Diego Fagundez's breakout season came in 2013 when he scored 13 goals and added seven assists in his first season as a regular. He was the first Homegrown in New England Revolution history, the first Homegrown field player to log 10,000 minutes in Major League Soccer (MLS) and youngest player to record 100 appearances and 25 goals in league history.
We sat down with Diego ahead of the 2018 MLS season. Read to see what we chatted about when we discussed topics like team camaraderie, Diego’s advice to young soccer players, and why soccer fans are so passionate. We also found out a bit about Diego’s life away from the pitch – and that includes six dogs, yes that’s right, SIX dogs! Since we spoke, he has also welcomed his first child, a daughter, on May 23, 2018.
Q. How important is team camaraderie?
It's very important. You don't want anyone to be down, you want to have everybody happy on the team because then the whole team is doing well so it's very important for everybody.
When days don't go as well as they should, everybody needs to stick together. Sometimes in training, something happens and you just have to keep going with the vibe and make sure everyone is still on the same page. In games, when something doesn't go the right way, you just have to stay positive and make sure that you're helping your teammates to be positive no matter what the outcome is.
Q. What is your advice for young soccer players that want to play in the MLS one day?
A. They always say in the United States that size matters, but for me, no matter what size you are, it doesn't matter. No matter your age or your size it doesn't matter. I was always small and I'm young so as long as you compete with other people and you can outsmart them, anybody can make it into professional soccer. But MLS Cup of course everybody wants to make it there - you just have to work hard and do everything you can to be better than somebody else.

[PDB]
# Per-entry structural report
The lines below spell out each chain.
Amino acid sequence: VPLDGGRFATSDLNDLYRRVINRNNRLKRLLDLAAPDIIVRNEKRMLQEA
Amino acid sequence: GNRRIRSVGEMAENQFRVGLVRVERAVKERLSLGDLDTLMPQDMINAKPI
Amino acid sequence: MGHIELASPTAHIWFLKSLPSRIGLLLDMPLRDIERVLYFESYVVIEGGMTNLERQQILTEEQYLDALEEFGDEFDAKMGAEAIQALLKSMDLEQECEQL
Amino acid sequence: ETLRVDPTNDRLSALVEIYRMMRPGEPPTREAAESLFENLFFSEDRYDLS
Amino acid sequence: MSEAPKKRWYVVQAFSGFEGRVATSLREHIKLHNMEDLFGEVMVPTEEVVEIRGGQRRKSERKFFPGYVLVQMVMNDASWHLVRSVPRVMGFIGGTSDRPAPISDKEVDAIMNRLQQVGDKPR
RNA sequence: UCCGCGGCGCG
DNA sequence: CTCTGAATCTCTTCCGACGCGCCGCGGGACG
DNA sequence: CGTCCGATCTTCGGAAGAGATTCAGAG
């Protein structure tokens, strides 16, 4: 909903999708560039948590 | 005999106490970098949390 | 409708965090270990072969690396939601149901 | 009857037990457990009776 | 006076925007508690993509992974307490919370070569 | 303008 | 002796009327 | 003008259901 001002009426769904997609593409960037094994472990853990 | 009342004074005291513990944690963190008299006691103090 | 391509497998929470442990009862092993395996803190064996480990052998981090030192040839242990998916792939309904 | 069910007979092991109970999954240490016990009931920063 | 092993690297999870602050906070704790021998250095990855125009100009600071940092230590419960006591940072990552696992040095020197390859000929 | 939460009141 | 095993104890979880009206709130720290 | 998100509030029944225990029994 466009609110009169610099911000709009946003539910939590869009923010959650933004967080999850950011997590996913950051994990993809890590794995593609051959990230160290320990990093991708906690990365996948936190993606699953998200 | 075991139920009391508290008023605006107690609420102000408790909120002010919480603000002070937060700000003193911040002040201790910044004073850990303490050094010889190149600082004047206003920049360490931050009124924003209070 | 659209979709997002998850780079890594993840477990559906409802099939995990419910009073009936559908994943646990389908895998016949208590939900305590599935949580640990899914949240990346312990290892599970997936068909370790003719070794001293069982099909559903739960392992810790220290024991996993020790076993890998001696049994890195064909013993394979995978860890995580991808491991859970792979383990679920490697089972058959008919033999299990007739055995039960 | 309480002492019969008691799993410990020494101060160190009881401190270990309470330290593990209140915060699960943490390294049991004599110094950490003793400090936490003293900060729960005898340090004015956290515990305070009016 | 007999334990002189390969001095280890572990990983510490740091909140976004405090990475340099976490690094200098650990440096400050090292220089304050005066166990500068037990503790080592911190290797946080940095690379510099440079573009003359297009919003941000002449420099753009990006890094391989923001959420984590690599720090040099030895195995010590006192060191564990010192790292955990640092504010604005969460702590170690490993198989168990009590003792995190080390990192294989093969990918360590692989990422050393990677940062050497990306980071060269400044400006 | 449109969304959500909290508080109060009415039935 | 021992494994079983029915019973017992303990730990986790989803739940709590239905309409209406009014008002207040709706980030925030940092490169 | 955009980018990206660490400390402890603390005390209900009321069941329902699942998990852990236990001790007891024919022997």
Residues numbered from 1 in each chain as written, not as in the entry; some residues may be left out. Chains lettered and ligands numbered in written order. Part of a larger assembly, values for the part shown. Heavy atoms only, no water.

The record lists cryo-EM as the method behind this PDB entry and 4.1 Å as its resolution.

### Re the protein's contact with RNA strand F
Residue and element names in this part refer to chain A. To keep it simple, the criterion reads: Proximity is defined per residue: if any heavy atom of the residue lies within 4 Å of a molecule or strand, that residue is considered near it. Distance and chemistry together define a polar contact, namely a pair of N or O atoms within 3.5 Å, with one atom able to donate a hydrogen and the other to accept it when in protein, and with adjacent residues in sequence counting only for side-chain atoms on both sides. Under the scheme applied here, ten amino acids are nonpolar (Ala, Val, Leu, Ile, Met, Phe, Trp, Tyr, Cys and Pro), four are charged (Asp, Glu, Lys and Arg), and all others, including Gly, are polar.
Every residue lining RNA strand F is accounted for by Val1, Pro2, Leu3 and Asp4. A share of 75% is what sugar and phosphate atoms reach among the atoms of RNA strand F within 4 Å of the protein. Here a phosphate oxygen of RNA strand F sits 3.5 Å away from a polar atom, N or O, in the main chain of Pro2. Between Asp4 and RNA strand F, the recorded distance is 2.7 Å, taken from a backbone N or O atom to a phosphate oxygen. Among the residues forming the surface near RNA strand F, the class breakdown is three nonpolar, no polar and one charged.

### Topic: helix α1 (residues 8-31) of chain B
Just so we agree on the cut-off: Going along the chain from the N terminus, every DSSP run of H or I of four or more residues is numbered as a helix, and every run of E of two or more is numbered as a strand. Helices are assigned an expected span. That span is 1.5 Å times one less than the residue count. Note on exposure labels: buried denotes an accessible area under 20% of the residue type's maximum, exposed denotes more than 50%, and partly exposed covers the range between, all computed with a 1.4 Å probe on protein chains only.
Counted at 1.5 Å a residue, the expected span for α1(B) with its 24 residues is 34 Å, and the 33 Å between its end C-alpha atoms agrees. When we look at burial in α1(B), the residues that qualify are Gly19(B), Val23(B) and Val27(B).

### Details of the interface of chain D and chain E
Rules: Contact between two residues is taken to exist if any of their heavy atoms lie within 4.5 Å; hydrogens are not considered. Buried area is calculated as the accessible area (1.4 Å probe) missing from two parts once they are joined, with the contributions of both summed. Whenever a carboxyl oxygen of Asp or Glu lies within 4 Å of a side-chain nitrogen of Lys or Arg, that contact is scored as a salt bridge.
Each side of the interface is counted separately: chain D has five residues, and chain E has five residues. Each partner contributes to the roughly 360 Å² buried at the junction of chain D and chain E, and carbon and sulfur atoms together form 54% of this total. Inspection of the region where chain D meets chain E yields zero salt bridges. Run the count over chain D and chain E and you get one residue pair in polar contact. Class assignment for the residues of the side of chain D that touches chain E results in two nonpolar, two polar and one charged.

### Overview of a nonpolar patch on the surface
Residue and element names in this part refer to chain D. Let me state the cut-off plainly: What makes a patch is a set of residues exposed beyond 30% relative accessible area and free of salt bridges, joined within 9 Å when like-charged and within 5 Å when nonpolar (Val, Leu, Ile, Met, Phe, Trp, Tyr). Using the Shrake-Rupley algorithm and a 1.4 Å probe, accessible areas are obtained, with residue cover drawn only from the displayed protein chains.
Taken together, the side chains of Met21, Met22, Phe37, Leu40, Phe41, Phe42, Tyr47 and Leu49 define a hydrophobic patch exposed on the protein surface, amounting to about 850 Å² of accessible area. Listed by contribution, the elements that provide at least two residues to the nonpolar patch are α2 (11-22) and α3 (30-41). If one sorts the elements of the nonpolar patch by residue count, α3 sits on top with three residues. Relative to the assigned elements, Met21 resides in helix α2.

Q. Why do you think soccer fans are so passionate?
A. Soccer is just the best sport I think. We don't stop every two minutes unless there is a foul or something. The game is always rolling so fans really get into it. There are always rivalries, and that is always the fun part. The team’s playing that other team and you always want to beat them. For me, when I play against someone I know, I always want to beat them because then at the end of the day I can say 'hey we beat you guys, what happened?" (laughs)
Q. Who was your soccer role model growing up?
A. My dad was definitely one of my role models because he played professional soccer. I always looked up to him. He always says that I passed him by a lot but at the end of the day, he's the one that led me to where I am now and always pushed me to be better. Even now when we go to the soccer field, he's always trying to make me be a better soccer player or a better person no matter what it is - whether it's on the field or off the field.
Q. What does your training schedule look like?
A. In the off season I like to go hunting, offroading, fishing, things that are away from soccer but at the same time I'm having fun. During the season you train every day, then you go home and either rest or play some FIFA or hang out. I have six dogs so I’m always running behind them, and now I have a baby coming that I’ll be running behind. You're always doing exercises and making sure your body is always recovered for the next day. People say to me "six dogsl?" but the truth is, when I want to relax, my dogs are the ones that keep me company. When you have a bad day, the dogs are there.